The Link Between Addiction and Impoverished Imagination
The nastiest trick that addiction plays on us is when it makes a miserable existence appear acceptable. You might think ruining our relationships, destroying our reputation, damaging our health, and losing-out on countless opportunities would be a high enough price to pay, but no, the cost of drug abuse also includes our imagination.
Without imagination there is no hope. If we can’t imagine a better future, we are unlikely to do the things we need to do to change our life for the better. Sure, the negative consequences of our behavior may reach a point where we are forced to quit, but pain alone is not enough to ensure lasting change. We forget, you see, and as our situation begins to improve, we begin to wonder if things were really that bad before – here, the saying, ‘time heals all wounds’ acts like a curse.
Addiction as a Lack of Imagination
Initially, alcohol seemed to heighten my imagination. I was a teenager and it gave me the confidence to dream big. I used to imagine that one day some big-shot headhunter was going to walk up to me in a bar, after noticing my enormous potential, and then I’d be whisked off to a dream career. It never happened of course. Over the years my dreams got smaller, and by the end, I would have been happy with talking to people for a few minutes without them wanting to beat me up.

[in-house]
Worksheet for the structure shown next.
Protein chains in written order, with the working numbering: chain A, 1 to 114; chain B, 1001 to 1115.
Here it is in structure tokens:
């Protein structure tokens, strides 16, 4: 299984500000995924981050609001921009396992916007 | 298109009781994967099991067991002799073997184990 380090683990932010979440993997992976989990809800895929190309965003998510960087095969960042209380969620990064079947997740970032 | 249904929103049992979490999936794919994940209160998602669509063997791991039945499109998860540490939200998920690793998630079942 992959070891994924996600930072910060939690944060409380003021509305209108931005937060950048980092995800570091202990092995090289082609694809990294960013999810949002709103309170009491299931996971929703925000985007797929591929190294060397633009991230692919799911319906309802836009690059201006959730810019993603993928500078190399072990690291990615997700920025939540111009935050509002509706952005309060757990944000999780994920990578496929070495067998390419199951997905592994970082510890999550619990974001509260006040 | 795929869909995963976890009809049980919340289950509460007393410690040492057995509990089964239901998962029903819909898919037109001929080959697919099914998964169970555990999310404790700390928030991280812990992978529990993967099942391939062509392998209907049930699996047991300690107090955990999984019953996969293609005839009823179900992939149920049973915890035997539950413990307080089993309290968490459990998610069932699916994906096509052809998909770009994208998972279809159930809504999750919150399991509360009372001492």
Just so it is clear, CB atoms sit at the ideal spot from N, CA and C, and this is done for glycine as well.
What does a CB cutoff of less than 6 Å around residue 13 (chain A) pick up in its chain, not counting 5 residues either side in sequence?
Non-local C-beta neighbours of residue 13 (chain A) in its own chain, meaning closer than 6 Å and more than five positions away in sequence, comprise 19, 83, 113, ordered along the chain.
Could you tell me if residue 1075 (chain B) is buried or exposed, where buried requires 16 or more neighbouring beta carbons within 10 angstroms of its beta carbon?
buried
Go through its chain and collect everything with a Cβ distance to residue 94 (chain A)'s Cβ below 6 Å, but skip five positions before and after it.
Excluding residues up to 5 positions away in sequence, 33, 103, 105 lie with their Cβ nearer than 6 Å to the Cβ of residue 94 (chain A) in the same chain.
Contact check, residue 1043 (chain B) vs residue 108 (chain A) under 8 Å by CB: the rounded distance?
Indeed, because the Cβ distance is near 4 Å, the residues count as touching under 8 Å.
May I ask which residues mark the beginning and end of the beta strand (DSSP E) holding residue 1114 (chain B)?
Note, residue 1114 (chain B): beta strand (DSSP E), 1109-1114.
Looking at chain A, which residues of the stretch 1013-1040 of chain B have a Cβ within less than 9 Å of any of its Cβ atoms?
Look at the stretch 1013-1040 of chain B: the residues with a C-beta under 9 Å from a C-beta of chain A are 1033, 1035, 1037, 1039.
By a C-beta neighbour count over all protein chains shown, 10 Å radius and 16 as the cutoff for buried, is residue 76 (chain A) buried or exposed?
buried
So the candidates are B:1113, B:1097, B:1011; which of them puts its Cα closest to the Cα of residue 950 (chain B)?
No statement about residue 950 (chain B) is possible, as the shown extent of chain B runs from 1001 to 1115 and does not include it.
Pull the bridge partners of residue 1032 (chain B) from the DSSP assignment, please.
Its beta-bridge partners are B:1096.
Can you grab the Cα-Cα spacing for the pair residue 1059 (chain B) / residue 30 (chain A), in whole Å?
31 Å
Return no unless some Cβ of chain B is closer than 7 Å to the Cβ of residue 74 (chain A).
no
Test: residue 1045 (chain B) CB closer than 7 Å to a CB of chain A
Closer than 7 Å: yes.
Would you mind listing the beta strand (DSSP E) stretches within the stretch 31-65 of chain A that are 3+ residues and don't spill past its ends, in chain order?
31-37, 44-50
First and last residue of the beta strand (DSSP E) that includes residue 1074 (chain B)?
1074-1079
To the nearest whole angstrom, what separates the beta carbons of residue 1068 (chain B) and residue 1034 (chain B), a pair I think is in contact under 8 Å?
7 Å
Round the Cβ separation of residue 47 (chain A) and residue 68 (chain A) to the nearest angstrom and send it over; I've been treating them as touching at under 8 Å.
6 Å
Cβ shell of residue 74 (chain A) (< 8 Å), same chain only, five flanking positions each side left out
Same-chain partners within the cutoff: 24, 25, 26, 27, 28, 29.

I did continue to fantasize even during the worst of my addiction, but not in a way that could actually improve my life. The romantic poet, Samuel Taylor Coleridge, differentiated between what he called ‘fancy’ and imagination. He described ‘fancy’ as where we just reorganize our usual way of perceiving while imagination involves seeing beyond our usual way of perceiving. I think the problem for those of us who end up addicted to a substance is that lack the ability to see beyond our usual perception. This means we remain trapped , and all our dreams are mere fancy (i.e. moving around the deckchairs on the titanic), and not the imagination that could allow us to see beyond our limited worldview.
The Importance of Imagination
So long as giving up a drug (or other addictive behavior) appears like a sacrifice, it is going to be an uphill battle. How are we meant to motivate ourselves to do something if deep down we feel it will mean a reduced quality of life? It is only by believing that changing our behavior will improve things for us that we can fully get onboard with such a project. In order to do this, we need our imagination.
Like members of a cult, those of us who get caught up in addiction end up being brainwashed into a particular way of perceiving. Our beliefs about what is possible, what is desirable, and what we can expect from life all become corrupted. We are prisoners to what the visionary poet William Blake described as the mind-forged manacles.
Escape Through the Imaginal
Caterpillars have imaginal cells that lie dormant until the other cells inside this insect begin to disintegrate. Once these cells are triggered they begin the metamorphosis of the caterpillar into a butterfly. Philosophers, such as Henry Corbin, suggest that humans also benefit from a type of imaginal cell better known as the imagination. All we need to do is reconnect with our imagination, and this can help trigger our own transformation.
There are many practices from around the world that can reawaken our imagination. I found the meditation technique, the brahma viharas, to be a good place to start – at the time, this allowed me to experience something way outside my usual perception.
Other things that may spark your imagination might include:
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